This week Peter Greenberg Worldwide travels to the legendary Grand Hôtel in Stockholm, Sweden. Writer Doug Lansky joins the program with a report on the critical situation of overtourism in some of the world’s most popular cities and what some destinations are doing–or not doing–about it. Then we’ll talk about one of Peter’s favorite museums in the world–the Vasa, and the remarkable story of the sinking–and the raising–nearly 400 years later, of an intact warship right in the Stockholm harbor. Olov Amelin, Director at the Nobel Museum in Stockholm, demystifies the Nobel Prize’s nomination process and also dispels some common misconceptions about the prize. Then, Michelin star chef Niklas Ekstedt speaks about the traditional and surprisingly analog methods behind his kitchen at Ekstedt: no electricity, no gas, just wood. There’s all this and more as Peter Greenberg Worldwide comes from the Grand Hôtel in Stockholm, Sweden.
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Doug Lansky, Travel Writer and Acclaimed Keynote Speaker, joins the program to discuss overtourism in some of the world’s most popular cities and what some destinations are doing–or not doing–to solve the problem. Doug then compares living in pricy Stockholm to an all-inclusive hotel and explains why it’s a wash compared to the United States. He also discusses things you can do around Europe that’ll provide a skeleton key to opening up the local culture and get you “swimming among the sharks.”
Niklas Ekstedt, Restaurateur, Chef and Owner of Ekstedt in Stockholm, speaks about the analog methods behind his Michelin-starred kitchen: no modern equipment, no electricity, no gas, only wood. Niklas explains why he chose to have Ekstedt operate this way and shares one dish that reflects this traditional, 1700s-style of cooking. Then, he talks about the influences of Swedish cuisine, a signature dish inspired by the indigenous people of Scandinavia and his favorite kind of wood to use while smoking fish.
Julieta Spoerer, CEO and Founder of The Newbie Guide to Sweden, speaks about adjusting to life in Sweden–what’s different and what works–from a local’s perspective and the things that surprise people that move to the country the most. Julieta also breaks down a common misconception about Swedish people and explains why integrating yourself into a society that operates differently on a social level can be challenging. Also, she shares the story of a lady from Mumbai and what this woman did at home to prepare for the Swedish cold.
Olov Amelin, Director at the Nobel Museum in Stockholm, explains the Nobel Prize nomination process, the length of the nomination process and why only the committee knows who the nominees are. He tells the story of all the Nobel winners and shares who one of the most surprising Nobel Prize winners was and why said winner couldn’tcome and accept the prize.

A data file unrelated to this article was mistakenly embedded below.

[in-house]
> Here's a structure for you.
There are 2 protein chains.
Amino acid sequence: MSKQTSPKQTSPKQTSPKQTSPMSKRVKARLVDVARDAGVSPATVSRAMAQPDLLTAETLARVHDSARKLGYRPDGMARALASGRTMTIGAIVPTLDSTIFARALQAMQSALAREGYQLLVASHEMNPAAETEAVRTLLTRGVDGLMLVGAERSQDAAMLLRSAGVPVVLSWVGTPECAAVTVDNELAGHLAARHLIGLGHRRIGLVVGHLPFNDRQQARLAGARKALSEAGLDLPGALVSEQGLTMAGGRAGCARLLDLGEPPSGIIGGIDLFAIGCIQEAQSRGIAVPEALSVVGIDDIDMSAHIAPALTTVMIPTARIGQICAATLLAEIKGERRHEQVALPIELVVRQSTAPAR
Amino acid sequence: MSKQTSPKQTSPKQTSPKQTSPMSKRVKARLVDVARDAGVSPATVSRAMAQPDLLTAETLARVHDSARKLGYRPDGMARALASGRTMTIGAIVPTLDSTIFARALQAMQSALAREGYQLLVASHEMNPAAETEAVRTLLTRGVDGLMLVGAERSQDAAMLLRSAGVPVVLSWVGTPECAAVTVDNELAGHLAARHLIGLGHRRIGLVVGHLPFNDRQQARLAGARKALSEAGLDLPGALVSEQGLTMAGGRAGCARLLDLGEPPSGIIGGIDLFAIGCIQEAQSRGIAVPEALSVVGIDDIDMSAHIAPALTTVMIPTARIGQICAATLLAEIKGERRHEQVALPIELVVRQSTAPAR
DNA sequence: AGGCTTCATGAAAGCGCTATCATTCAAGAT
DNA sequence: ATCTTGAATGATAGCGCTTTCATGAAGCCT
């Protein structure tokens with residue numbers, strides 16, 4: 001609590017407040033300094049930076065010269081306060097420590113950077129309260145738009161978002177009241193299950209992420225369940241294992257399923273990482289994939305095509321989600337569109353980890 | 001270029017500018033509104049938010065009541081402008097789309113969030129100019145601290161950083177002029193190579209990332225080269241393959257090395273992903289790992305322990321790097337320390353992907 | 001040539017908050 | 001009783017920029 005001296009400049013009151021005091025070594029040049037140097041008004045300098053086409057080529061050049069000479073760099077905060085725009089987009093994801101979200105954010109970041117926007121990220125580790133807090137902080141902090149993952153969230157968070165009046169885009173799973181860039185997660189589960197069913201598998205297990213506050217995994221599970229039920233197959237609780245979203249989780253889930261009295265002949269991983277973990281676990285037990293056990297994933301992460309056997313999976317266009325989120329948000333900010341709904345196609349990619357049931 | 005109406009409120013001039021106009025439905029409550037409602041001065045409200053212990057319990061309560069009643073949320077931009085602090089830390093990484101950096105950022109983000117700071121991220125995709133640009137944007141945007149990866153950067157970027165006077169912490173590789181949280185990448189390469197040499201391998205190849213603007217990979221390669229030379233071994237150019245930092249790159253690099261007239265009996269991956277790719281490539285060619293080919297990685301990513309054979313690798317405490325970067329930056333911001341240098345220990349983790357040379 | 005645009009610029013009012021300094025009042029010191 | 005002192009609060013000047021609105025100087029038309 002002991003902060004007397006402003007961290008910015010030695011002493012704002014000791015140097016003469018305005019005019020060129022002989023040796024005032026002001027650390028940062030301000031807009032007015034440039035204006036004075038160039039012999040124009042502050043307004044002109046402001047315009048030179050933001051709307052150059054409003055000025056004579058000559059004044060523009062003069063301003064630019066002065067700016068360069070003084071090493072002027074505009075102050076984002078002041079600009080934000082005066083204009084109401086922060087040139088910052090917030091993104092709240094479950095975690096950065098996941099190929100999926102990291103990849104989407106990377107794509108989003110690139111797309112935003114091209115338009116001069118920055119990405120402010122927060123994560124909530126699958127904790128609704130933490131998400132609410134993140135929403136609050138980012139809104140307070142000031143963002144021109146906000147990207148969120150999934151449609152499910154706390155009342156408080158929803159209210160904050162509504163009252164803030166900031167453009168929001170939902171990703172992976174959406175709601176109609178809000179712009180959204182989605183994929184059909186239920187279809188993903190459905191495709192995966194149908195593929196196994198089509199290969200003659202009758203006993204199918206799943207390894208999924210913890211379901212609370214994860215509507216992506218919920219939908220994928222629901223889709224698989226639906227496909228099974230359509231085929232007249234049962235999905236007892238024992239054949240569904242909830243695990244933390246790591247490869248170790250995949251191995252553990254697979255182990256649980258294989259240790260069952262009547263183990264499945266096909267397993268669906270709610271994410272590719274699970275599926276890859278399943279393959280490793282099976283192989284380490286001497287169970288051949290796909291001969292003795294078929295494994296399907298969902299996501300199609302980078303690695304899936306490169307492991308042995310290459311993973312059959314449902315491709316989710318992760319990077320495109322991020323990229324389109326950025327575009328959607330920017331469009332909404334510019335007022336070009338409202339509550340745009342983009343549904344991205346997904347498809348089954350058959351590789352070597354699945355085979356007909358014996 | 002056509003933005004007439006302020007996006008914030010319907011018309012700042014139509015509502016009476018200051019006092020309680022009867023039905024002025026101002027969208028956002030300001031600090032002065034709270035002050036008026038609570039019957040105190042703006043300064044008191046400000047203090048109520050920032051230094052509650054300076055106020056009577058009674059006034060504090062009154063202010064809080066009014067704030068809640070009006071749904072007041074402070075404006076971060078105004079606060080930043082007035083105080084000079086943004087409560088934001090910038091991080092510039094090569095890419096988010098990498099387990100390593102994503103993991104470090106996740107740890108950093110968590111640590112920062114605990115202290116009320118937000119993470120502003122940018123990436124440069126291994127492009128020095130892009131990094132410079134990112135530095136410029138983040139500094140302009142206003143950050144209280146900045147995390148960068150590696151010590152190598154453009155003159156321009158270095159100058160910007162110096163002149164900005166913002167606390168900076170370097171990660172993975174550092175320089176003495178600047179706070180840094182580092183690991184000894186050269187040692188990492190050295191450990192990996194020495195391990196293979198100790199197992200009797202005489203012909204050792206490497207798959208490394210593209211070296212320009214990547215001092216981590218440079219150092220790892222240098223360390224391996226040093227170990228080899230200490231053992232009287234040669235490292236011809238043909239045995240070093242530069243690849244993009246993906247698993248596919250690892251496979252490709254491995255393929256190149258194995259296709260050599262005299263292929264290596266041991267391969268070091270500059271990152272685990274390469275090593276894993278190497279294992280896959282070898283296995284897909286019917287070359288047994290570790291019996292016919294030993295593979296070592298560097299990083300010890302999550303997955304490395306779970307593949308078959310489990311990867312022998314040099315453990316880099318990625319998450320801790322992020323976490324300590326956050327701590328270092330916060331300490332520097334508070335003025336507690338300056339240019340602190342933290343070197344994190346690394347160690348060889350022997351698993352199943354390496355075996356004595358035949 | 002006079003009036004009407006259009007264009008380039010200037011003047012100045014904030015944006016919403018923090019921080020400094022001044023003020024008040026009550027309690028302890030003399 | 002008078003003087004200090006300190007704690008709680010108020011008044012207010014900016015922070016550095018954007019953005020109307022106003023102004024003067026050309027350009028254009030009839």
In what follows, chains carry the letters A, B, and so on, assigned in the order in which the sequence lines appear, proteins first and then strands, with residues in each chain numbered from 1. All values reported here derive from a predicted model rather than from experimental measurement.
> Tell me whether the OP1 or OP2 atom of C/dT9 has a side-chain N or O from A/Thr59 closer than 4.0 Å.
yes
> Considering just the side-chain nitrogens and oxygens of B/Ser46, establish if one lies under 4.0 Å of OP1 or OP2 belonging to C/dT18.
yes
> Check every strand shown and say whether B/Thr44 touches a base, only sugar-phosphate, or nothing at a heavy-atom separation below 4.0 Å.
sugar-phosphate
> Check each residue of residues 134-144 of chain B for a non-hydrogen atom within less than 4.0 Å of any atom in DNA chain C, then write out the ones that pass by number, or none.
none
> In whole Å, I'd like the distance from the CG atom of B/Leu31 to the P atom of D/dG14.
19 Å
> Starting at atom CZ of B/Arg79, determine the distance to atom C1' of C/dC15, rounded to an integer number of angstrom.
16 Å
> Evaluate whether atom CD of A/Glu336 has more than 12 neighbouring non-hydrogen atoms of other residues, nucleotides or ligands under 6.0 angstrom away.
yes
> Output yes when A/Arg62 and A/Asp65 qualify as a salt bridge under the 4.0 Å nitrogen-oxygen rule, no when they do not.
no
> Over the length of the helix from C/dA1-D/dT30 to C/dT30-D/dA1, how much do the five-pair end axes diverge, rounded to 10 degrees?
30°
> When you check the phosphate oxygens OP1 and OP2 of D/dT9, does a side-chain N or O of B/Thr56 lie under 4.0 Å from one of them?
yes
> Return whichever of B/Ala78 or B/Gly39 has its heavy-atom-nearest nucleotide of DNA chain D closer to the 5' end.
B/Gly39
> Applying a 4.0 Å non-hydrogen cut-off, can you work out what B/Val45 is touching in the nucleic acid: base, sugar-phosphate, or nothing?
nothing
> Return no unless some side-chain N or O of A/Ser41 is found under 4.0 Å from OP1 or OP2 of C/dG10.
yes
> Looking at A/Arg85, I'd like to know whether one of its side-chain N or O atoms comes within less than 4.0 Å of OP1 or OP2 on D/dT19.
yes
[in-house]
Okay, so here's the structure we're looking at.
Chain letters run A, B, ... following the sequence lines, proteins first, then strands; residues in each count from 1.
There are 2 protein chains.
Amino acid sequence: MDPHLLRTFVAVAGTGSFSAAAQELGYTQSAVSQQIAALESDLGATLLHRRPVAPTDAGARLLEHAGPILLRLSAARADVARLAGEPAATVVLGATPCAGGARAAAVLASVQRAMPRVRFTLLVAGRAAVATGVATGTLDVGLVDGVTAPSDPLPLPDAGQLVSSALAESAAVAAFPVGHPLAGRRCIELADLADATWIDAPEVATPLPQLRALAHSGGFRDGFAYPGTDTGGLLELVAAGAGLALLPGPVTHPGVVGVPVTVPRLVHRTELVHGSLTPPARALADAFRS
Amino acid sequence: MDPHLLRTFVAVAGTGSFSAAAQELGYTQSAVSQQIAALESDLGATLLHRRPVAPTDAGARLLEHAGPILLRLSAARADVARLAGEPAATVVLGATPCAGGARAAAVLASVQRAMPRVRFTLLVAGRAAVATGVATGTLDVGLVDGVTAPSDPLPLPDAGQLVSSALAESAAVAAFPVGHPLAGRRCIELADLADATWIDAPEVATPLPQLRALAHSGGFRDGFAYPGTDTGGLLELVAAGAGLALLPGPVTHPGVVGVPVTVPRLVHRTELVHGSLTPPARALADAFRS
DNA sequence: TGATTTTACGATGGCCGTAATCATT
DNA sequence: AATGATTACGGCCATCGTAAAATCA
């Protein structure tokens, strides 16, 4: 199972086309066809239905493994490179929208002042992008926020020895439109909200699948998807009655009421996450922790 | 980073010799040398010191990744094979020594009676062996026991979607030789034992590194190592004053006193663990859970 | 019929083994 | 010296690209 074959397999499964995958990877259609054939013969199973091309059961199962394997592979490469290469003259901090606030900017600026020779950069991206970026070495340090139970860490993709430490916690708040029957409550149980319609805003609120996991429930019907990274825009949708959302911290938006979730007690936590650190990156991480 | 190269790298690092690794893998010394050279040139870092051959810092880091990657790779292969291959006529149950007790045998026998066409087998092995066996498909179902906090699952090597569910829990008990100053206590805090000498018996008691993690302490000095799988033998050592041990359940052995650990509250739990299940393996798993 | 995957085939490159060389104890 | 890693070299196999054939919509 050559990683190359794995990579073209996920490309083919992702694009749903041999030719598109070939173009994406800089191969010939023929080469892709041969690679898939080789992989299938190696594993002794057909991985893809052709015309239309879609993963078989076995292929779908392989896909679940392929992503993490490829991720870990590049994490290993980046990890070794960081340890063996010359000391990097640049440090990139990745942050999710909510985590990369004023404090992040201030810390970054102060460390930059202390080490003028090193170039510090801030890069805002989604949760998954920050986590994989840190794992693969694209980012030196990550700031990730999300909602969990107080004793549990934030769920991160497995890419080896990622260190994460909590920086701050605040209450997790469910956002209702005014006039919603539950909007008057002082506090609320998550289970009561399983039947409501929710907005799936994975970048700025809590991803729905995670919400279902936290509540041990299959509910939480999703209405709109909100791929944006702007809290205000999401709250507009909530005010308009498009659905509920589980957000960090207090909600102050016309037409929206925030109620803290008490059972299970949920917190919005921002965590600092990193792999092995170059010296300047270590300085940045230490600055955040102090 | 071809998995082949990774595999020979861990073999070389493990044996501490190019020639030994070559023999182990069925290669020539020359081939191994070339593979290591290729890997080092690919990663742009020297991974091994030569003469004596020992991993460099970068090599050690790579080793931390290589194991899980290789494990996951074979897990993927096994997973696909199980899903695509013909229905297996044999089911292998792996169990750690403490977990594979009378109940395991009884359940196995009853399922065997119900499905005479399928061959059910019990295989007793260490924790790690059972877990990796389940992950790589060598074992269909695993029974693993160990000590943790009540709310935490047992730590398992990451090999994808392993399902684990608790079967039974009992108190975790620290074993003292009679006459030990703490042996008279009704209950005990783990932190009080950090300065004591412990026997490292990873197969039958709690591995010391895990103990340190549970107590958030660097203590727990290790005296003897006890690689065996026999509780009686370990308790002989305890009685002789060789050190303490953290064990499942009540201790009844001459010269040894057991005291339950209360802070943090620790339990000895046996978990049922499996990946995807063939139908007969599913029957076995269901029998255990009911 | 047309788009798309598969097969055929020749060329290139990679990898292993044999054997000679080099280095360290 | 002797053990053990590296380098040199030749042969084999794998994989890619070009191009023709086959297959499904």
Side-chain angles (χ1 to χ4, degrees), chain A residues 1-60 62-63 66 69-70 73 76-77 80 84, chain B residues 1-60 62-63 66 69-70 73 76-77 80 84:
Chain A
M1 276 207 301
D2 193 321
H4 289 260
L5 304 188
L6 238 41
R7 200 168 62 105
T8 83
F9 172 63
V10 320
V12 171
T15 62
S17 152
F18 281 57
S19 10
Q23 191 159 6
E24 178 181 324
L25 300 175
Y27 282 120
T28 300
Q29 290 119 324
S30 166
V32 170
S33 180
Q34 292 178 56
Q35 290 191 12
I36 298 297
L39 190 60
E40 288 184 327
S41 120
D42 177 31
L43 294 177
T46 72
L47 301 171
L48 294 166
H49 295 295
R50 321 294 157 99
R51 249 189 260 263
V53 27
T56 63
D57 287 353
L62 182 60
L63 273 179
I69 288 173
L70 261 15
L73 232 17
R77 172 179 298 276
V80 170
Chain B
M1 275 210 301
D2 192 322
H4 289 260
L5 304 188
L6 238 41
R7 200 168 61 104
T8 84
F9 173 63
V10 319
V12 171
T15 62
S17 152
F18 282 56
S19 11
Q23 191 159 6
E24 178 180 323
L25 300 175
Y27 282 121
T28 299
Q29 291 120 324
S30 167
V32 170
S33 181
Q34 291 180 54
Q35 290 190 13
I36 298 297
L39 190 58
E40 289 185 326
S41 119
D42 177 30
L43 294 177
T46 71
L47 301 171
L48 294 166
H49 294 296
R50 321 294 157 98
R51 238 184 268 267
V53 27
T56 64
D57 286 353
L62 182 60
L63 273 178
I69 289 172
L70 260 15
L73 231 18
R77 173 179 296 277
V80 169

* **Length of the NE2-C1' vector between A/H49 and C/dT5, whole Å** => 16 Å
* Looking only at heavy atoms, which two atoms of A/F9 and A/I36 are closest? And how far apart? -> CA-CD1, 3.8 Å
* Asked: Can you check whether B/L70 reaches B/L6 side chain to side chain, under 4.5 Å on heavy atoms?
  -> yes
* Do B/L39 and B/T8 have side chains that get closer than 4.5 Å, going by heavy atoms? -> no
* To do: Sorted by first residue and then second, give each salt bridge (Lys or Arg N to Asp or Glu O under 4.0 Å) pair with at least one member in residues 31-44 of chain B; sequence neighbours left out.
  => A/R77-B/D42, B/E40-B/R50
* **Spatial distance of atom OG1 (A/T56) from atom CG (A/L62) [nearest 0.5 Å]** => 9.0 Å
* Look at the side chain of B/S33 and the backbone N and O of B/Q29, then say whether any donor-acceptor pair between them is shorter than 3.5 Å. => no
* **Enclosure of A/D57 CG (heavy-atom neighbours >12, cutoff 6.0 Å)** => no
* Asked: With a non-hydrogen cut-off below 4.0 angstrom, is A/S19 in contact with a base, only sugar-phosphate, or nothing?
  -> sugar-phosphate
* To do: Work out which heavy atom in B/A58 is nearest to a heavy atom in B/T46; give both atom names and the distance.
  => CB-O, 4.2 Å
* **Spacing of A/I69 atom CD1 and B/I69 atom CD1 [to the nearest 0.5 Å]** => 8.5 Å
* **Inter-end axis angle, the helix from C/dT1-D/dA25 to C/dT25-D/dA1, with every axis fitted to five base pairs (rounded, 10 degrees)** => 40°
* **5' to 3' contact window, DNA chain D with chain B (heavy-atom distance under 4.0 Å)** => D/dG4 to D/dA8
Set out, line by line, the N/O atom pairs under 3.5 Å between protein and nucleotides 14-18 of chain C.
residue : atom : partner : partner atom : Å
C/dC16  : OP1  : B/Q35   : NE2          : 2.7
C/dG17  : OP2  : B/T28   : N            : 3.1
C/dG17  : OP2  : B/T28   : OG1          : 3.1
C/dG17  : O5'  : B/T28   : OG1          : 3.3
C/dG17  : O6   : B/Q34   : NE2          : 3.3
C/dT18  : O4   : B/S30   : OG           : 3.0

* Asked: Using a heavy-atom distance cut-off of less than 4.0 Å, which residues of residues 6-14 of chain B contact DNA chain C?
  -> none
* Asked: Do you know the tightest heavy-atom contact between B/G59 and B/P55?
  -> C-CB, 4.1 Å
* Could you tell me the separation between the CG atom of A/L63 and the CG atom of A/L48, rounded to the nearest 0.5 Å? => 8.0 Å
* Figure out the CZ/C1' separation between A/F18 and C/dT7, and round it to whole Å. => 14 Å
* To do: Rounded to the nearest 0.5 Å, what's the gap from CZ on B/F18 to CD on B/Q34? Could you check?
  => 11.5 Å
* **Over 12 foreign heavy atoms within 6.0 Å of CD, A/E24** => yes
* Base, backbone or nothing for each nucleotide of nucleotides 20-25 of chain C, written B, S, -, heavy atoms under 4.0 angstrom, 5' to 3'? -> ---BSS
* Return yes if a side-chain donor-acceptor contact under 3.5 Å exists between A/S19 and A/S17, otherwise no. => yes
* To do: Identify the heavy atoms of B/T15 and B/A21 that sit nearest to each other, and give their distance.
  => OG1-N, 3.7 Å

Jill Leckie, Founder of Little Bear Abroad, talks about the foundation of the parental guide when there was no English-speaking resource available for families moving to Sweden. She also shares what she thinks is the biggest surprise for people who come to Sweden–not everything is as expensive as expected. She expands on Sweden’s enviable work-life balance and how it promotes time with family.
Jacob Jacobson, Head of Collections Unit at the Vasa Museum, talks about the history of a remarkably preserved 392-year-old ship, what surprises people the most about the museum and what surprises him the most. He still get goosebumps when he walks in. He speaks about the technology that the museum has implemented to preserve the ship with humidity and the temperature-controlled atmosphere.
Celine Fierro, Co-Founder at StockholmFood, speaks about the current trends in the Stockholm food scene and the impact vegetarian food is having in the city’s local food culture. Celine also shares her favorite place in the southern part of the city for a fresh breakfast along with her go-to lunch and dinner recommendations. In Stockholm, you can find seasonal veggies and a great chef inside a photography museum.
Olow Frank, Head Concierge at the Grand Hôtel Stockholm, chats about the robust food scene and his favorite places in town for a good meal. Plus, he reveals the areas in the city’s food scene that could use some work and what kind of food you can get in this city that he reckons is among the best in the world. He also talks about Scandinavia’s love affair with bicycling and the best places to see in Stockholm on a bike.
Pia Djupmark, General Manager at the Grand Hôtel Stockholm walks Peter through the landmark of a hotel’s 150-year-old history and shares insight as to why it was built in the first place. Pia also speaks about the hotel’s iconic smorgasbord and what makes it stand out. She reveals the notable figures that have stayed at the hotel and the mission behind the renovation that the hotel just went through. Then, she shares the story of the two bears that used to roam its lobby.
By Alessandra Bea for PeterGreenberg.com